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The University of Texas launches a review of men’s basketball academic fraud allegations

By SI Wire
June 16, 2015

The University of Texas announced Tuesday that it has hired an outside investigator to review cheating allegations within the men's basketball program that surfaced last week.

President Greg Fenves, who assumed the post on June 3, ordered the probe. The review will be overseen by Gene Marsh, a former chairman of the NCAA infractions committee. The school says the review will be a “thorough examination” of all procedures and policies and will include athletic department’s admissions process, academic advising and tutorial assistance, and interactions with athletic employees and school faculty members.

In a report by the Chronicle of Higher Education published on June 10, a former academic counselor said a math instructor told him she saw former basketball player Martez Walker cheat on an exam. Walker passed the class, but eventually transferred to Oakland University in Michigan.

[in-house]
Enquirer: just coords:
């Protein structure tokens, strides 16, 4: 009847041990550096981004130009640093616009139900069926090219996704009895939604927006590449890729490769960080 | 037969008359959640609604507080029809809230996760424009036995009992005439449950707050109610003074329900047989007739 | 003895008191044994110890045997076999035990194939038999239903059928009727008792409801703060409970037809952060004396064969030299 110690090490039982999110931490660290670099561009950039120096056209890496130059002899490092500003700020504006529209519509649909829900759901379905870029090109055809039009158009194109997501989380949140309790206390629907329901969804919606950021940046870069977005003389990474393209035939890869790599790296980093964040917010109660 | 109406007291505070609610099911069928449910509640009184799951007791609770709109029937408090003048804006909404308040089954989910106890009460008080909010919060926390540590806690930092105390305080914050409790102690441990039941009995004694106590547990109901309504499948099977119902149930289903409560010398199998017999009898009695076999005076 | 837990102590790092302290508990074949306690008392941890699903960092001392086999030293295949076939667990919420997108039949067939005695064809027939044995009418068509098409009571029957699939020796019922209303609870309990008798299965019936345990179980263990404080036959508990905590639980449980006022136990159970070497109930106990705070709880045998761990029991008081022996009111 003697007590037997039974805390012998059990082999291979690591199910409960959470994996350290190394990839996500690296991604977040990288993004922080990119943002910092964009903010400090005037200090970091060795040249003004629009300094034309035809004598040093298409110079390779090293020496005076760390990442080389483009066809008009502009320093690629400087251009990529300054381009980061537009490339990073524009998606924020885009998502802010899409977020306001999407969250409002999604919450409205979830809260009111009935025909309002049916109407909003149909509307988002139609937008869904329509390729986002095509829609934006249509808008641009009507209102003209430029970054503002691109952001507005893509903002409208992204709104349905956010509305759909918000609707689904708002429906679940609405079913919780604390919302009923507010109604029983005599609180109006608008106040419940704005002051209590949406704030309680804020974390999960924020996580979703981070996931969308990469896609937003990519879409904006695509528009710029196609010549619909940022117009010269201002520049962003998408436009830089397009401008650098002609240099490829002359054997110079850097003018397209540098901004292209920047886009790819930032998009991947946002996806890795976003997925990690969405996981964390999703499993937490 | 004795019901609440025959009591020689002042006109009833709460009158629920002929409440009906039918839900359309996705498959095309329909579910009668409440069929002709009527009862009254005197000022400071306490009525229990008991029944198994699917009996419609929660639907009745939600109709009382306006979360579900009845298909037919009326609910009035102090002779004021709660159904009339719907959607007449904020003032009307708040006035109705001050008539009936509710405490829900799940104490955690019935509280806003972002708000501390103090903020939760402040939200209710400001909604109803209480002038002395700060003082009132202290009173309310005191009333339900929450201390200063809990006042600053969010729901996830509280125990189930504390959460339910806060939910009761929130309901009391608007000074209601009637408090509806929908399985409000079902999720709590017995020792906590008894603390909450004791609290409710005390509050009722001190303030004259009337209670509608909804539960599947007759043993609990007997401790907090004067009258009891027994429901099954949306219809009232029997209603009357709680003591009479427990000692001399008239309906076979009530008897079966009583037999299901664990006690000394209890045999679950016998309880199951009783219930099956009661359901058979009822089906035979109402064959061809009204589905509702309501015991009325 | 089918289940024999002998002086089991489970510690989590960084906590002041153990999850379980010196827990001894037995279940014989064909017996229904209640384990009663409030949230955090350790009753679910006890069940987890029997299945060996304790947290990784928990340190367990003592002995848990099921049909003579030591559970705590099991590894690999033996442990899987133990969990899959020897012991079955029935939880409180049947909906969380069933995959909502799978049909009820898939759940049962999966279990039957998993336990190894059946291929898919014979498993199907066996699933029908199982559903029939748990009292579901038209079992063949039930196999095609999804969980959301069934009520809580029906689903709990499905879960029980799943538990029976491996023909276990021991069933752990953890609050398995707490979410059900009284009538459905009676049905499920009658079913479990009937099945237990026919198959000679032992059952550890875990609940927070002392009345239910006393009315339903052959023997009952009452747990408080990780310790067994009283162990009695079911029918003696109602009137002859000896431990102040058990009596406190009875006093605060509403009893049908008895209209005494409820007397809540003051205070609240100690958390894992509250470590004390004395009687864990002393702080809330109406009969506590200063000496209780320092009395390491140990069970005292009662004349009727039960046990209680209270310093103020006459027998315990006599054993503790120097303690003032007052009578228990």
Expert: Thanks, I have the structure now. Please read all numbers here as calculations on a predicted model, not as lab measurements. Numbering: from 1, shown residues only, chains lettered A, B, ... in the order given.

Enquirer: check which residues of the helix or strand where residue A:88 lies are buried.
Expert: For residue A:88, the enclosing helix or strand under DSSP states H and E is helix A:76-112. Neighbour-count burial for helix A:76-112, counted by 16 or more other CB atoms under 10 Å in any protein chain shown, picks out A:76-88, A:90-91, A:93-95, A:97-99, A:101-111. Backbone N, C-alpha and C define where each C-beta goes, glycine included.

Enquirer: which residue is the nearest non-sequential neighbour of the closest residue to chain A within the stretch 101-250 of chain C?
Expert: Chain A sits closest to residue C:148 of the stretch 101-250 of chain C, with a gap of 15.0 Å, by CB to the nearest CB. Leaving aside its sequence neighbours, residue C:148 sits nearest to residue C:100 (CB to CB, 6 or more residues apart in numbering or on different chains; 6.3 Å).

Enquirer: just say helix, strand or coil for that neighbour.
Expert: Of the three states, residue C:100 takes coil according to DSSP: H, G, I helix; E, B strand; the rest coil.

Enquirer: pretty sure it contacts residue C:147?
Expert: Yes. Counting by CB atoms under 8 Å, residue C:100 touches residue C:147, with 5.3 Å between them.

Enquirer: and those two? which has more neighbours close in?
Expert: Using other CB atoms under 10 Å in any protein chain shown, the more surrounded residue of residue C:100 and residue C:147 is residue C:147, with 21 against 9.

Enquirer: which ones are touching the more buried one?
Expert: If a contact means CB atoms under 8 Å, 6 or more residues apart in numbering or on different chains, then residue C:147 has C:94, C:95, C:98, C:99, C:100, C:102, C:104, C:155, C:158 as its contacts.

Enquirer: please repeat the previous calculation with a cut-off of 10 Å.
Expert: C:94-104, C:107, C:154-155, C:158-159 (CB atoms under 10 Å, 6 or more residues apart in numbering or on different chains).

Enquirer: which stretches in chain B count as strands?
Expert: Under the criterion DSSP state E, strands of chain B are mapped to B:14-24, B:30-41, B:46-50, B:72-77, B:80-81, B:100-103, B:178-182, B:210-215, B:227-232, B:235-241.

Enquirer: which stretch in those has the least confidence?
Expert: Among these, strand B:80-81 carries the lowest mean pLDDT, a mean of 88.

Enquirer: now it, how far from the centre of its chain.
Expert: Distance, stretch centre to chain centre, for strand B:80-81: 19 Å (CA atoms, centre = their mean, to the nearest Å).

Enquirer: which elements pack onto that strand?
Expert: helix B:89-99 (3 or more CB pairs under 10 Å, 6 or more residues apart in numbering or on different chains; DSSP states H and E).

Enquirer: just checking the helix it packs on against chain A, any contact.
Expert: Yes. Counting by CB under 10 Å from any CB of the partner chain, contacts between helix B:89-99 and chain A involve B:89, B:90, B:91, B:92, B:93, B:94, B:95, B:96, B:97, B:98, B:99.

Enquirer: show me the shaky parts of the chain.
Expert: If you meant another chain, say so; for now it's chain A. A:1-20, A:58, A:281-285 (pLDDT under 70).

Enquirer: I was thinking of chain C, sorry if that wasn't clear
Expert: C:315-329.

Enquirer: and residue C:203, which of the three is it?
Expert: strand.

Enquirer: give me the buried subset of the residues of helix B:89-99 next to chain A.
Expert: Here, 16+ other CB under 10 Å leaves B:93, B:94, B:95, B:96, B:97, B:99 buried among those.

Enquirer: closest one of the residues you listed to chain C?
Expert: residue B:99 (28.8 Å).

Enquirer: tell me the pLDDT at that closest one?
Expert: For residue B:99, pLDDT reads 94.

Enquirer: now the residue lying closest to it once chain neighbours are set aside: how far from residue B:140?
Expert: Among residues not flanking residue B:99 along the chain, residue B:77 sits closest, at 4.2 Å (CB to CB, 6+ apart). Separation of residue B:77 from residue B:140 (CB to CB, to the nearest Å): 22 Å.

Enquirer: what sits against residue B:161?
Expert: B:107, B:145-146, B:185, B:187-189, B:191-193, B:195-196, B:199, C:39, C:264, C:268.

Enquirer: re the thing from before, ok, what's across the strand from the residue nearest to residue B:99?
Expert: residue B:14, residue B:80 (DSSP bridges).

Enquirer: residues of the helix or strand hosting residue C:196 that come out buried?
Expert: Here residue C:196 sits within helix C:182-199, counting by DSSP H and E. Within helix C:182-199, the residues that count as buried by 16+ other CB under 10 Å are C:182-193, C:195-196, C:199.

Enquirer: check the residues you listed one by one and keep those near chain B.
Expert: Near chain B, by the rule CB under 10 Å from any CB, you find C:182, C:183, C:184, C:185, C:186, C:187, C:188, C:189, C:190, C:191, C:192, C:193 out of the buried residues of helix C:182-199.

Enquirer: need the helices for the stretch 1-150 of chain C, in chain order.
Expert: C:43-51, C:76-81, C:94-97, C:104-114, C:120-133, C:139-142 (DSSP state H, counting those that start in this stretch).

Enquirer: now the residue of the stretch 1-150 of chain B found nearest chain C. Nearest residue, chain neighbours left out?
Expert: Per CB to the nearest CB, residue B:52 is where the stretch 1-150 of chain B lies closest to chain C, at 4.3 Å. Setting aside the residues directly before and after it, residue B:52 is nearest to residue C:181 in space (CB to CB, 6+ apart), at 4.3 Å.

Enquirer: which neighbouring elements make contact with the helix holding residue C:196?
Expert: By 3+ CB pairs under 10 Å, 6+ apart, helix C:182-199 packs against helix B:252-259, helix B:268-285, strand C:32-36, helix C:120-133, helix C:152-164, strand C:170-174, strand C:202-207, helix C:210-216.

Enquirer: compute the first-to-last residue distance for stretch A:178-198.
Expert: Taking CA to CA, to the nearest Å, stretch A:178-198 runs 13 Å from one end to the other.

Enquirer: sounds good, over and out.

The Chronicle also reported that former players J'Covan Brown and P.J. Tucker received assistance with classes and with writing papers. Brown allegedly received help from a former community college basketball coach while at college preparatory school after he failed to meet the admission standards at Texas.

All three athletes played for former Longhorns coach Rick Barnes. Barnes and Texas "mutually parted ways" after 17 seasons in March. He was later hired as the head coach of Tennessee.

“We have a very storied athletic program, a long tradition of integrity. The motto has been winning with integrity,” Fenves told the Austin American-Statesman. “As a new president, with all the issues going around collegiate athletics in general, coming into the position, I want to have an independent study of our programs to make sure we’re doing everything we should be.”

Texas officials have said that they have no knowledge of anyone receiving improper help with high school coursework before they enrolled at the school and will review the three cases to see if there was any impropriety.

“We take every allegation seriously, and we are looking into that,” Fenves said. “We felt Gene Marsh will get to the bottom of it, but at this point, I have no concerns there were improprieties. It’s prudent and responsible to look at them in depth.”

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